Friday, 18 April 2014

Review | The Copper Promise - Jen Williams

...and I'm back!

Jen Williams seems to have reinvented brevity in the epic fantasy. Okay, I exaggerate, but The Copper Promise easily works - and works brilliantly - as a standalone novel, something which in a genre of doorstoppers with "to be continued"'s affixed, I find entirely welcome! (I do love epic fantasy, and certain door and elephant stoppers are favourites of mine, but sometimes it's nice to reverse the trend. Don't worry, you'll get your Words of Radiance review soon enough...)
That said, it takes more than a few elements from the sword and sorcery subgenre, so fans there will likely find something in The Copper Promise as well.

The novel begins with our three protagonists breaking into the Citadel - a fortress where the long-dead mages imprisoned the old gods, as well as their choice treasures. ...And naturally, it's the latter that our heroes are in search of: Lord Frith searches for the key to retaking his family keep, whereas Wydrin and Sir Sebastian are more interested in being paid to help him out. But unfortunately, it's the former they inadvertently meddle with: releasing a god intent on destruction, and soon all three end up with roles to play in stopping her.

It's hard to give a plot summary without spoilers: The Copper Promise is an extremely fast-paced novel, and things change quickly. In fact, it's being released in three parts for the ebook edition, which is probably quite fitting, as it does read almost like a trilogy compressed into a single book. Whether you like this or not is another matter. I enjoyed it, as a refreshing change from the drawn-out epics that have dominated the subgenre recently (again, not that I dislike them, but variety is always preferable!), and also as a plot that gave us a great deal of resolution - if fewer sequel hooks, which leaves me wondering what aspects the following books will take up. However, the downside is: there is no status quo. Very little time is given to a single development, in fantasy terms, and while this makes for a fast paced novel, it does disadvantage some character development: Sebastian in particular changes very quickly, whereas Frith's character growth and regression becomes slightly frustrating if only due to their rapidity. Furthermore, one or two twists are a little too predictable. While in a book with many it's hard to balance when the reader realises an upcoming revelation, certain surprises were ruined by overly heavy hinting. That said, in a book with so many, a few early spoilers have little effect on the overall impression.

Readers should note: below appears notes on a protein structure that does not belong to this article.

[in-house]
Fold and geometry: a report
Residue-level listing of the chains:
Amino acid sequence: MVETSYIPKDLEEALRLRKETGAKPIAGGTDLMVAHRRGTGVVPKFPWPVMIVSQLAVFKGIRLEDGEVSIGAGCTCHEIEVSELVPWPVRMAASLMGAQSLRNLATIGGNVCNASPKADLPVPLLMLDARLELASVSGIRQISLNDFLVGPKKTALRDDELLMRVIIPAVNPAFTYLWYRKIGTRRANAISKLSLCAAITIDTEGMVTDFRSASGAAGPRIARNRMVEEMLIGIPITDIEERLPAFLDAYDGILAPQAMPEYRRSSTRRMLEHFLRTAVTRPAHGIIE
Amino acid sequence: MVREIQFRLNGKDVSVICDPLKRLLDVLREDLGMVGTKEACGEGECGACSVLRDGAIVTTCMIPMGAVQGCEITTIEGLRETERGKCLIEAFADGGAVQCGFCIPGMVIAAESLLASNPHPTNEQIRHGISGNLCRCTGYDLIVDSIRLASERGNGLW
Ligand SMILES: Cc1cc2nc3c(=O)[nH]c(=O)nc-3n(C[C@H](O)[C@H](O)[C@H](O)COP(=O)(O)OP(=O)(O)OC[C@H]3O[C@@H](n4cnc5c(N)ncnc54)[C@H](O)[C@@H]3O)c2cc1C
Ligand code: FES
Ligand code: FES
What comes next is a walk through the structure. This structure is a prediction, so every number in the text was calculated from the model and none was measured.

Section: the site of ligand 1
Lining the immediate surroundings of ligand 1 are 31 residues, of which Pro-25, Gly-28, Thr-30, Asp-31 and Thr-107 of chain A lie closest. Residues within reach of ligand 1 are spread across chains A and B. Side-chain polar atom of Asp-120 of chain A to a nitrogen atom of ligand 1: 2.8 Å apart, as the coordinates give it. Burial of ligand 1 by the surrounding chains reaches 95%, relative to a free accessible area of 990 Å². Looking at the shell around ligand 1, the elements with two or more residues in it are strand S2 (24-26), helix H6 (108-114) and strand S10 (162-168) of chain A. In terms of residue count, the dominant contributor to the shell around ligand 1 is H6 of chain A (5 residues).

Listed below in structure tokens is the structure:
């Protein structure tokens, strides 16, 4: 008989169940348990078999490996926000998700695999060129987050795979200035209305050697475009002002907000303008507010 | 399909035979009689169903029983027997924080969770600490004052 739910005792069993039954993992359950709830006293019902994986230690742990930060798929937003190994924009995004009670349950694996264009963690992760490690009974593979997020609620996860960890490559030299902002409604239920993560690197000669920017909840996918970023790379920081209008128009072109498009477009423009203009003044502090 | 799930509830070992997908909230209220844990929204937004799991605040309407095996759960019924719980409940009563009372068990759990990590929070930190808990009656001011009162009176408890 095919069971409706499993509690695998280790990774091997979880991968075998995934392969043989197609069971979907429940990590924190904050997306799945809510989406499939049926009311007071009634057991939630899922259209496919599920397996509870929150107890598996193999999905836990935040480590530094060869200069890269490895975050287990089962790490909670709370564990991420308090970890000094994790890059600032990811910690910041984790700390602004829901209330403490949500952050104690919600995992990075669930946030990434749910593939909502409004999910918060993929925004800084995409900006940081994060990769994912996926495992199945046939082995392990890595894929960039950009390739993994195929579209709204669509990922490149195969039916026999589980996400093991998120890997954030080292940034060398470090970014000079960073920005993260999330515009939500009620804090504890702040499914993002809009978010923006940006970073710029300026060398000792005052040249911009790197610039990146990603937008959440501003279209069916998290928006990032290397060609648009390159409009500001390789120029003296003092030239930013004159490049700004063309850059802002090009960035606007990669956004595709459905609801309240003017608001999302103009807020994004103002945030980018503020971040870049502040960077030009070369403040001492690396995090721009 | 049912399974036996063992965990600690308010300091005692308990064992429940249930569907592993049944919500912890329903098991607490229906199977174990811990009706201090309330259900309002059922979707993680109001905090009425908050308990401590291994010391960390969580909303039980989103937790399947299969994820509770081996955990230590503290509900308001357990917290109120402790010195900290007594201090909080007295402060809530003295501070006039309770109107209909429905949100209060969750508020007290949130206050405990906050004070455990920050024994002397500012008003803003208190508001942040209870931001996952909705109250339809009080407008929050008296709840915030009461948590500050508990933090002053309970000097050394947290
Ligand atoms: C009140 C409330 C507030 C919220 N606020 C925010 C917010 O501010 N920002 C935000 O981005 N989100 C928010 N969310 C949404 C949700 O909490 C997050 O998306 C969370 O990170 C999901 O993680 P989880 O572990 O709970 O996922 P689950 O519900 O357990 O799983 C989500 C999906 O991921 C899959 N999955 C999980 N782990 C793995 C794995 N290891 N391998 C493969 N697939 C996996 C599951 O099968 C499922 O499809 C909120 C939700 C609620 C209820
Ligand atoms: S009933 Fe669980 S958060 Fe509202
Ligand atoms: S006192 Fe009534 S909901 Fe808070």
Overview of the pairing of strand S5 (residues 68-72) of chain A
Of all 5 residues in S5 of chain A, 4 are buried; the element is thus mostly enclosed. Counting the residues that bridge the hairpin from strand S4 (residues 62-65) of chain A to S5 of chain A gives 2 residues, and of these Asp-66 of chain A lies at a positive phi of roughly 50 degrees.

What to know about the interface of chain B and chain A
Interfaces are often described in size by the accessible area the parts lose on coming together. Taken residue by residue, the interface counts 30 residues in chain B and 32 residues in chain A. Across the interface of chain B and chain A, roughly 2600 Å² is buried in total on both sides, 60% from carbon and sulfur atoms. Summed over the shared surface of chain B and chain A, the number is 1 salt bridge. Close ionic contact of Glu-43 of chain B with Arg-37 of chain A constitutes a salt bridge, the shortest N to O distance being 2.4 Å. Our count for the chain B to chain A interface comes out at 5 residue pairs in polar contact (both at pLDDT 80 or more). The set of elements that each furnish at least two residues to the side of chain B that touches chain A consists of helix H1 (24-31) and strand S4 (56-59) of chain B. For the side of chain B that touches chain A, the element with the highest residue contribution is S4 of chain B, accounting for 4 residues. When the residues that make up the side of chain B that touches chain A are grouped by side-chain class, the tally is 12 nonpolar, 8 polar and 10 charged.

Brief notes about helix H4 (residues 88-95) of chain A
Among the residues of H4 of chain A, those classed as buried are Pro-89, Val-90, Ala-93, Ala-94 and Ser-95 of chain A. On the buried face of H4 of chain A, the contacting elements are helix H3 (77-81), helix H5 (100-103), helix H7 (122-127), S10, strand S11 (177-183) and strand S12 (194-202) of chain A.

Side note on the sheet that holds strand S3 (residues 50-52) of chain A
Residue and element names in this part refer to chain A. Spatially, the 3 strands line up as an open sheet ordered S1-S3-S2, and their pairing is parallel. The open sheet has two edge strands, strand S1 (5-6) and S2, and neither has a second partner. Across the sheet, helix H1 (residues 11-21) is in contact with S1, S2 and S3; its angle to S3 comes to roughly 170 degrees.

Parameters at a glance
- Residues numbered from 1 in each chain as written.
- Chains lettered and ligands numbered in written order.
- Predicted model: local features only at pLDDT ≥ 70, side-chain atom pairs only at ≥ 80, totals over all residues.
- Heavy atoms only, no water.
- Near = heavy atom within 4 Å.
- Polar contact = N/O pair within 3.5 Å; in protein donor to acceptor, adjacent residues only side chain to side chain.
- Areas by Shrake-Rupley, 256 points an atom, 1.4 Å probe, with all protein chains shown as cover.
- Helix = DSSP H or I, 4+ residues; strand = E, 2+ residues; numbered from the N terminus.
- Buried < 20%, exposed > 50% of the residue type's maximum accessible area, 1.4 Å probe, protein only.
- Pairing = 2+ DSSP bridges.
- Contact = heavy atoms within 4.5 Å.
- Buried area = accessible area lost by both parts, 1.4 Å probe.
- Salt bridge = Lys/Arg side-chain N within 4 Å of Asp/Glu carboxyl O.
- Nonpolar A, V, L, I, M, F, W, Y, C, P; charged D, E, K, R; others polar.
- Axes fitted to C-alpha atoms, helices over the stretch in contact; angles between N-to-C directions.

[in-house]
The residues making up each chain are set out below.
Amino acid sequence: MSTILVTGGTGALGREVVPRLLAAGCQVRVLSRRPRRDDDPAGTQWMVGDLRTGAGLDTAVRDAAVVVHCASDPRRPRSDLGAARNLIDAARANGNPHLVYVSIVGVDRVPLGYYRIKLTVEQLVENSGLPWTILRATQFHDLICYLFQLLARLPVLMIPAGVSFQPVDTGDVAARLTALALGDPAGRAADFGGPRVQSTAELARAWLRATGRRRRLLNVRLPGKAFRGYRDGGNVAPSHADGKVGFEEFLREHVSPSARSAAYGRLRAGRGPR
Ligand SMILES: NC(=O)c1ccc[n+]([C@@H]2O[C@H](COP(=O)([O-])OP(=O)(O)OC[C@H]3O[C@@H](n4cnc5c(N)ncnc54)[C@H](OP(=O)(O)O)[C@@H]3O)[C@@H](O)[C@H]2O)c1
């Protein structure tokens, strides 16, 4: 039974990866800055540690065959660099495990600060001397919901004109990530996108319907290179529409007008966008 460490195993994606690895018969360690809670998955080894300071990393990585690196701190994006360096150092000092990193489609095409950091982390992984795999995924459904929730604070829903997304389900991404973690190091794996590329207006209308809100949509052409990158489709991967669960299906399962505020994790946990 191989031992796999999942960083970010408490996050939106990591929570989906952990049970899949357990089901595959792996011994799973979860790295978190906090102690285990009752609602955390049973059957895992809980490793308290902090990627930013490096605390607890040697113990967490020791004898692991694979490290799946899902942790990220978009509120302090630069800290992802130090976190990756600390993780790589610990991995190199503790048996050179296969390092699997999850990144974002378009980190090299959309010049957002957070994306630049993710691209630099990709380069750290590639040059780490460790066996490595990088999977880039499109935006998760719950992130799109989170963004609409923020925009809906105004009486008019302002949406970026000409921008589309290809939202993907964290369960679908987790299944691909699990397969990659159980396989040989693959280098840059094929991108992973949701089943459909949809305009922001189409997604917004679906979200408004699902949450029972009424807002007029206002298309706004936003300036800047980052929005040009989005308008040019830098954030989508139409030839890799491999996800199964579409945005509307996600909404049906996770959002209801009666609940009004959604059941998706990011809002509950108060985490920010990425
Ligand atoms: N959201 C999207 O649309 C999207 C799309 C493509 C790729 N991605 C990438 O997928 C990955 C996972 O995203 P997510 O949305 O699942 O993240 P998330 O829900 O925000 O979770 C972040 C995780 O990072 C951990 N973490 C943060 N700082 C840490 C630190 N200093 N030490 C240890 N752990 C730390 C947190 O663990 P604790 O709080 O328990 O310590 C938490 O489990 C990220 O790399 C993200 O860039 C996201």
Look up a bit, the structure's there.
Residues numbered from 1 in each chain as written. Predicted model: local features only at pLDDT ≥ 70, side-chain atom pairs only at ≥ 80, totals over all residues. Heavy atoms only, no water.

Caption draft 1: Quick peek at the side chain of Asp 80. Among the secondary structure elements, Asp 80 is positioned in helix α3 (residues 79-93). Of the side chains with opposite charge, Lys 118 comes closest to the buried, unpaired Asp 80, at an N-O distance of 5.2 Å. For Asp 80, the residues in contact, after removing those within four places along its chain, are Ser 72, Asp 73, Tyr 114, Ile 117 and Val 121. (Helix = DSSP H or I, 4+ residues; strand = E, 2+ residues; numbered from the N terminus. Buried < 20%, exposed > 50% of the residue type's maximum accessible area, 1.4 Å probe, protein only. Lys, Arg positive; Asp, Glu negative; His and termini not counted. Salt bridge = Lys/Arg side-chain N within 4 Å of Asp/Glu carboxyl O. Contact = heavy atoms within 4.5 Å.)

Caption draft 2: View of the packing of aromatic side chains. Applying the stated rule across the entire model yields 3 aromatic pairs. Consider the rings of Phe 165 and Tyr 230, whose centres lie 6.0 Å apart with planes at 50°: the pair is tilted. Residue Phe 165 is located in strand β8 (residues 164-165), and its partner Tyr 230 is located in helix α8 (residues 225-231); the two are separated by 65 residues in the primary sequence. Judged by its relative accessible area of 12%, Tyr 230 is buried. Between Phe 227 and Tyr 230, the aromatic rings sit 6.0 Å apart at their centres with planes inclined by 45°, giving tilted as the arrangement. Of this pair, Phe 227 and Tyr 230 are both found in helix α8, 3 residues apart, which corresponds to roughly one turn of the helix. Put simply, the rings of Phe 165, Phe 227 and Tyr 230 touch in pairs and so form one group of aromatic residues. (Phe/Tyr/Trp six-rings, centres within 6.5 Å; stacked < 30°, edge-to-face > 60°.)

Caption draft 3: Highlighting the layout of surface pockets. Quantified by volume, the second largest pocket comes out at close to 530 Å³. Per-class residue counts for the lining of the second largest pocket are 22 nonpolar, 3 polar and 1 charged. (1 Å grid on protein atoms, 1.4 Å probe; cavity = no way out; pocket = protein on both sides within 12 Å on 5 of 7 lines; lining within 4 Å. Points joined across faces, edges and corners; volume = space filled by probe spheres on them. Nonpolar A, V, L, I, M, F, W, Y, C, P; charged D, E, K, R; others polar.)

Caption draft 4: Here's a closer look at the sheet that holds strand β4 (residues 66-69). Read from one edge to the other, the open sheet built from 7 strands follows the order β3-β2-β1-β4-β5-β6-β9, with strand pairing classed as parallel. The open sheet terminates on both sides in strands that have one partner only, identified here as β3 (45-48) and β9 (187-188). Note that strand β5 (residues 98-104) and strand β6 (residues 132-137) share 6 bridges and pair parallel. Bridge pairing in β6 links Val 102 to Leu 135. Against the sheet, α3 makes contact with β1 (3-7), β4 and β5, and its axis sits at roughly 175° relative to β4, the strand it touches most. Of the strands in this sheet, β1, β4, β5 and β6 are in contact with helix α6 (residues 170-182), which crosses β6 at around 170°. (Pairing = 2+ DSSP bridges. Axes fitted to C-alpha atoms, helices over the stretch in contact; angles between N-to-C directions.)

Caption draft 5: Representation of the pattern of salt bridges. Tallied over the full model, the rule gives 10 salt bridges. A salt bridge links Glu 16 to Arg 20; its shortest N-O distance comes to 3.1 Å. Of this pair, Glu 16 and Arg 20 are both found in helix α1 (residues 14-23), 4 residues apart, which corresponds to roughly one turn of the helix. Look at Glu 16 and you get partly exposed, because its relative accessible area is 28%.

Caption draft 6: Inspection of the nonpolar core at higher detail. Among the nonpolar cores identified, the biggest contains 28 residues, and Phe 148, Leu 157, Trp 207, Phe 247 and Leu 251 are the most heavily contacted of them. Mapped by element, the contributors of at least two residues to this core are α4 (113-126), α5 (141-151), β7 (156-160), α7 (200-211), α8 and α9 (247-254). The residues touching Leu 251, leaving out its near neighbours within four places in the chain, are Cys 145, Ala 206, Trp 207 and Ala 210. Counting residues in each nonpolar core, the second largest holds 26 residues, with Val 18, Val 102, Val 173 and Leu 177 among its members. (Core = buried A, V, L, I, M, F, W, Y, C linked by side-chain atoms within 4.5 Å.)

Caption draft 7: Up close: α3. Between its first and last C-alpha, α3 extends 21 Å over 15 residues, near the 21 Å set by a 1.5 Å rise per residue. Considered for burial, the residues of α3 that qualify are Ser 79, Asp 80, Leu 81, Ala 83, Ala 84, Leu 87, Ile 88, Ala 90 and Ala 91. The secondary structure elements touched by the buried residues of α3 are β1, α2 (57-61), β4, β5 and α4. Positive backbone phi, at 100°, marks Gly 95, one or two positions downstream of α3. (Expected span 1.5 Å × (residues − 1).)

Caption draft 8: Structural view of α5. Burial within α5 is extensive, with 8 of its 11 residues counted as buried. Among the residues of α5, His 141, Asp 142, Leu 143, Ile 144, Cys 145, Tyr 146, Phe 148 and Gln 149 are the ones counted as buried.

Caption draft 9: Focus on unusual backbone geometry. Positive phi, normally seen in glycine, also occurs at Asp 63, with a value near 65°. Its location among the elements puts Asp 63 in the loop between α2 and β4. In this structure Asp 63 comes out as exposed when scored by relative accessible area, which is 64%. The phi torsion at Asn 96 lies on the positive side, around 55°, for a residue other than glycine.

So let's talk about characters. Frith - well, another character describes him as a bit of a shit, and often this description is kind of apt. That's not to say he isn't a great character, though - he is. It's another good element of the book: we sympathise with Frith and his tragic past, but frequently disagree with his selfish actions. I rather like this aspect of the book, though it would be nice if his development was more stable, especially given the pace - expect frequent regression, which does provide the occasional moment of frustration. In general, though, he's a courageous decision on the author's part that plays off - not a loveable bastard, or a magnificent one, but simply a very flawed human being. Sebastian and Wydrin are more sympathetic and immediately likeable (Wydrin, the Copper Cat of Crosshaven, being my personal favourite - though maybe I just like thieves too much. Locke Lamora, Eli Monpress...), and I enjoyed the roles of both. Sebastian in particular pulls off a slightly Faustian plotline better than most - having solid reasons behind his actions. Williams also does a reasonable job on having a diverse cast, with at least Frith being a PoC, and also avoiding the all-straight part of the typical fantasyland - which is definitely welcome!

Next up, a favourite topic of mine: the magic. While I won't explain the system - what there is comes relatively late in the book - it generally falls on the mystical side, with enough rules explained that the protagonists' use is justified. With the recent trends in the genre towards firmly rule-based magic, it's nice to see that Jen Williams can so excellently preserve some mysticality in hers, proving that fantasy gods in particular can still remain... well, slightly terrifying.

In general, The Copper Promise fulfils its promises: a fun, fast-paced, sword and sorcery-esque epic that manages to provide a very satisfying resolution. Yes, it has flaws - but despite them, it remains a brilliant read, and one I'd highly recommend. While a very neat ending leaves me wondering where the sequel will pick up, I can't wait to see where Williams goes next. Rich, complex, and with a large dose of good S&S character-driven nature amidst the epic fantasy trappings, The Copper Promise is definitely a recommendation for anyone interested in exploring a traditionally-flavoured, but original epic without necessarily getting into a multi-book arc.

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